May 22, 2014 (SSNA) — Ethnic violence has engulfed South Sudan in a vast humanitarian crisis, already affecting millions of people in the world’s newest country. Continuing violence—which began five months ago—threatens to disrupt entirely the current planting season, ending in May. Millions are already at risk from severe to extreme food insecurity according to UN figures; and as the rainy season descends on the region, transporting food, medicine, and clean water resources becomes hugely more difficult. A failed harvest next fall makes it likely that hundreds of thousands will starve. Children will suffer most.
After the ravages of the long civil war (1983 – 2005), South Sudan will be at risk of food shortages for years to come, indeed until the agricultural sector becomes dominant in the economy. To this grim fact we must now add the consequences of the brutal violence that began last December and has become increasingly ethnically defined. This confluence of forces has made catastrophe inevitable; the question is not whether famine will strike, but where and how hard—and how many thousands of lives will be lost.
Violence emerged explosively in Juba, capital of South Sudan, on December 15, growing out of political rivalries and competing visions of South Sudan’s future. President Salva Kiir, following the initial violence, incarcerated a number of political opponents; however, a key opponent, former Vice President Riek Machar, escaped capture, made it to the bush, and began a military effort to overthrow the democratically elected Government of South Sudan. Salva is a Dinka (the largest ethnic group in South Sudan) and Riek is a Nuer (the second largest group): what began as a political dispute over governance reform quickly took on a vicious ethnic character, with mutual ethnic slaughter. Even seasoned field workers are shocked by the nature of the violence.
Despite an obvious escalation of military violence, there was little meaningful international diplomacy. A January cease-fire was short-lived, and matters have deteriorated ever since, despite increasingly dire warnings from the ground; humanitarians already face intolerable risks in many places. In addition to threats to civilians and humanitarians, regional conflict has become a growing threat. Uganda early on threw its military support behind the Juba government, and other bordering nations such as Kenya are deeply alarmed.
So matters festered for months—from collapse of the January cease-fire until late April. Finally, serious international attention came to focus on the crisis. There were trips to Juba by UN human rights chief Navi Pillay (May 1) and Secretary General Ban Ki-moon (May 6), threatening all parties with prosecution for crimes against humanity. U.S. Secretary of State John Kerry, also belatedly, became involved in the effort to secure a cease-fire and threatened U.S. sanctions against those responsible (May 3).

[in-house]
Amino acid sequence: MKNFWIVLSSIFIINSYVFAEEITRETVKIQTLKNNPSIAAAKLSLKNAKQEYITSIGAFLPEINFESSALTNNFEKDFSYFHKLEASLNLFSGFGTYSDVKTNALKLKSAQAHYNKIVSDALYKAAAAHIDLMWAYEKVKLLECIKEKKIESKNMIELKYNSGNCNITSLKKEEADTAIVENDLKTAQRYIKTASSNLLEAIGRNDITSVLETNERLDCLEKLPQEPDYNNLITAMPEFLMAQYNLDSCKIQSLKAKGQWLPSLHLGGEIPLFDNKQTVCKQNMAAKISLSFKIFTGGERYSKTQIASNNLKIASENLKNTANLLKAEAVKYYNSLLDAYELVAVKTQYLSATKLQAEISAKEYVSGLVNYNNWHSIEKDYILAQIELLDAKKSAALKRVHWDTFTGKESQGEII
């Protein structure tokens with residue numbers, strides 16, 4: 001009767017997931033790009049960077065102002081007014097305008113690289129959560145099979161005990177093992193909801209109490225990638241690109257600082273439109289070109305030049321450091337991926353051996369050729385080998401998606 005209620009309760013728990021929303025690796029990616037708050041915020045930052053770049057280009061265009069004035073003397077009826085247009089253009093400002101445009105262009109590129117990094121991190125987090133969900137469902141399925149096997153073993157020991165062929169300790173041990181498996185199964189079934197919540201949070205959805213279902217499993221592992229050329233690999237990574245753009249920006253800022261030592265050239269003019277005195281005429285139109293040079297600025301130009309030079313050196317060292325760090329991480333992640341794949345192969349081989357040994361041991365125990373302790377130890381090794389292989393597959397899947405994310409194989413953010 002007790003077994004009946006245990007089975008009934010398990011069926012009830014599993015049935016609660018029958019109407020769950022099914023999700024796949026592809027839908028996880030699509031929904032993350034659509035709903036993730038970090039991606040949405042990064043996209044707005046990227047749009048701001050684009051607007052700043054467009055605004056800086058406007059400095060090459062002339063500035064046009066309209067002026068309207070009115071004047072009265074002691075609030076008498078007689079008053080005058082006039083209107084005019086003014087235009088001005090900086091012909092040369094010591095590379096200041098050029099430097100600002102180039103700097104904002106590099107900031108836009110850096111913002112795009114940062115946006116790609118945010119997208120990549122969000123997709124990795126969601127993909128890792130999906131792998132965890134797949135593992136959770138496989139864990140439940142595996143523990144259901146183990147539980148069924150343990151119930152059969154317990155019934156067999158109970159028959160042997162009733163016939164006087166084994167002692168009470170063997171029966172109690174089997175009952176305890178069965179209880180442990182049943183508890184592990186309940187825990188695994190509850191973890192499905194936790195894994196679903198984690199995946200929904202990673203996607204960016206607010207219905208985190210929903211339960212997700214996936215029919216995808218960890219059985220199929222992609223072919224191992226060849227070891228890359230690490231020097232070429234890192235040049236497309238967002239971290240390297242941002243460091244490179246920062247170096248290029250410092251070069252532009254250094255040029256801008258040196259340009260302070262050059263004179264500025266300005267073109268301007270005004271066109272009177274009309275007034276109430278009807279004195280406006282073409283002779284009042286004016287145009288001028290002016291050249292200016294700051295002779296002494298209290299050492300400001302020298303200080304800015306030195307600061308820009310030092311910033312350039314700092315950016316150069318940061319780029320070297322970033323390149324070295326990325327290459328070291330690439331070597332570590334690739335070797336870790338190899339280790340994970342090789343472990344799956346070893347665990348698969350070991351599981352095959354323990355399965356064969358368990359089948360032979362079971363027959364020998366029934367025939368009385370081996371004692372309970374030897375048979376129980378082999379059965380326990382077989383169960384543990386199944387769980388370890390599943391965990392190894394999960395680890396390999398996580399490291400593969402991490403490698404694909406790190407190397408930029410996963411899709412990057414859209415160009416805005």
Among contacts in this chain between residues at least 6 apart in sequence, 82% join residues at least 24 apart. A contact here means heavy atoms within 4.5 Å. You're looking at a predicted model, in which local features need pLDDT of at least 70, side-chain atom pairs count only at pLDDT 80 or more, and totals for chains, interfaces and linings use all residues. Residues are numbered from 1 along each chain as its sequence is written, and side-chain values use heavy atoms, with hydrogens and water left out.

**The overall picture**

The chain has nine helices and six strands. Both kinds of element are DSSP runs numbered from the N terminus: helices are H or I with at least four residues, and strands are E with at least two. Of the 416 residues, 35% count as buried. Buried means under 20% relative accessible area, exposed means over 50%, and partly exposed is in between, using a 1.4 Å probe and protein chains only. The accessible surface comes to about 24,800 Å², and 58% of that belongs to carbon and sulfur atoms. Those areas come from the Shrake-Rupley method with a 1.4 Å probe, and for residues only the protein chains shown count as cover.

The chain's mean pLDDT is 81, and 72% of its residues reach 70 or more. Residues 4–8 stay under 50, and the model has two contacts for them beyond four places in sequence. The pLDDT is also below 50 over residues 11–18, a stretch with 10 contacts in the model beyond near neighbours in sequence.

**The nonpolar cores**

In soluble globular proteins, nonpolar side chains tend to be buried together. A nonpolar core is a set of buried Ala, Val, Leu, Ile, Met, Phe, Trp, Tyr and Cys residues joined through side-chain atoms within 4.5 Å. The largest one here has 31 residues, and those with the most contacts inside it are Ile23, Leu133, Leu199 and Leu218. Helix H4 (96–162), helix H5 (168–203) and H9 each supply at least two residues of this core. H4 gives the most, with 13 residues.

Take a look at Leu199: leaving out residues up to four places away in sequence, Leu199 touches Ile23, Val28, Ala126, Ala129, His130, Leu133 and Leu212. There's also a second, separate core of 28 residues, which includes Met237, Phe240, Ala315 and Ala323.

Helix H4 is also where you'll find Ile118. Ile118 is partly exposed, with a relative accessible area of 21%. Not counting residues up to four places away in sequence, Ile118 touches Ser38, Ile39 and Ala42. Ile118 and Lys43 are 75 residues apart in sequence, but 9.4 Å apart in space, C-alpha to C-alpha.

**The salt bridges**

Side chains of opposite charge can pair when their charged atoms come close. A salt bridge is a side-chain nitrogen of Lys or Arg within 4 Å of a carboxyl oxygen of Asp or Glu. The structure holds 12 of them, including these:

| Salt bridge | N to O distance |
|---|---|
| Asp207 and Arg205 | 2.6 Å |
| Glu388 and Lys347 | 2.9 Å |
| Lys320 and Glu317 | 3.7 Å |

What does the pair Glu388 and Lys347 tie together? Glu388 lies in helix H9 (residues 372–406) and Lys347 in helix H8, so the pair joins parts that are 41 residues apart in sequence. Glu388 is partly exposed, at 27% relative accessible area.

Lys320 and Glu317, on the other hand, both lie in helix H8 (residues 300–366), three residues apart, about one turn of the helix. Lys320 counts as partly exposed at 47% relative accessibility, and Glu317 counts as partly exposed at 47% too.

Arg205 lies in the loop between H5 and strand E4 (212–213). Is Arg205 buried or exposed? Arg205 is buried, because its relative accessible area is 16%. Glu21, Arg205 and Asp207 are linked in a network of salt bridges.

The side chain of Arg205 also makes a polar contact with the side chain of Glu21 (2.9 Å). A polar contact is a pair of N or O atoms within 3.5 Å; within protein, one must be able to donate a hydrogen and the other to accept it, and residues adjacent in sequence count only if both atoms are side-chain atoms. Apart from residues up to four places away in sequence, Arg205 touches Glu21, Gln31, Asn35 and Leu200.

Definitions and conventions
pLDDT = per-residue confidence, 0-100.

Subsequently, a cease-fire was torturously negotiated in Addis Ababa (May 9), an outcome unlikely without high-level attention and clear threats. Even so, few predicted success for the cease-fire, largely because of the belated nature of diplomatic efforts and lack of effective monitoring forces prepared for deployment.
What can we learn from this tragic moment? First, attention to a crisis of the sort we are witnessing must be timely and forceful, bringing to bear all necessary resources when the possibility of tens or hundreds of thousands of deaths first becomes apparent.
Second, without a standing or ready force of ceasefire monitors, fragile moments of opportunity are likely to be lost. Again, the May 9 cease-fire had no real chance because the Monitoring and Verification Mechanism stipulated in the agreement was not ready for immediate or near-term deployment.
When cease-fires are possible in conflict situations, the UN Department of Peacekeeping Operations should have a force that can be assembled and deployed within 48 hours. A larger peacekeeping or peacemaking force may be necessary subsequently; but the best way to halt fighting is holding parties accountable to cease-fire agreements already negotiated.
Contributions to this standby force should come from many militarily capable nations, with firm and specific commitments to deploy at the command of the Secretary-General. Alternatively, if Russia or China objects to the formation of a standing or ready cease-fire force, then a multilateral coalition of militarily capable nations—determined to halt atrocity crimes before they gather momentum—should be assembled. This requires significant surveillance equipment and trained personnel: helicopters, small fixed-wing aircraft, and surveillance drones. Expensive—but not nearly so costly as war or a full-blown peace-making mission. Of one thing we may be sure: if responsibility cannot be assigned for violations of a cease-fire, chances for its survival are slim.
South Sudan is the grimmest object lesson in the costs of belatedness and the lack of cease-fire surveillance capabilities. There will be other such conflict situations, and we should be guided by the lessons of effective, concerted international pressure as well as the consequences of failure to apply such pressure in timely fashion.
Eric Reeves is a professor at Smith College and author of Compromising with Evil: An archival history of Greater Sudan, 2007 – 2012.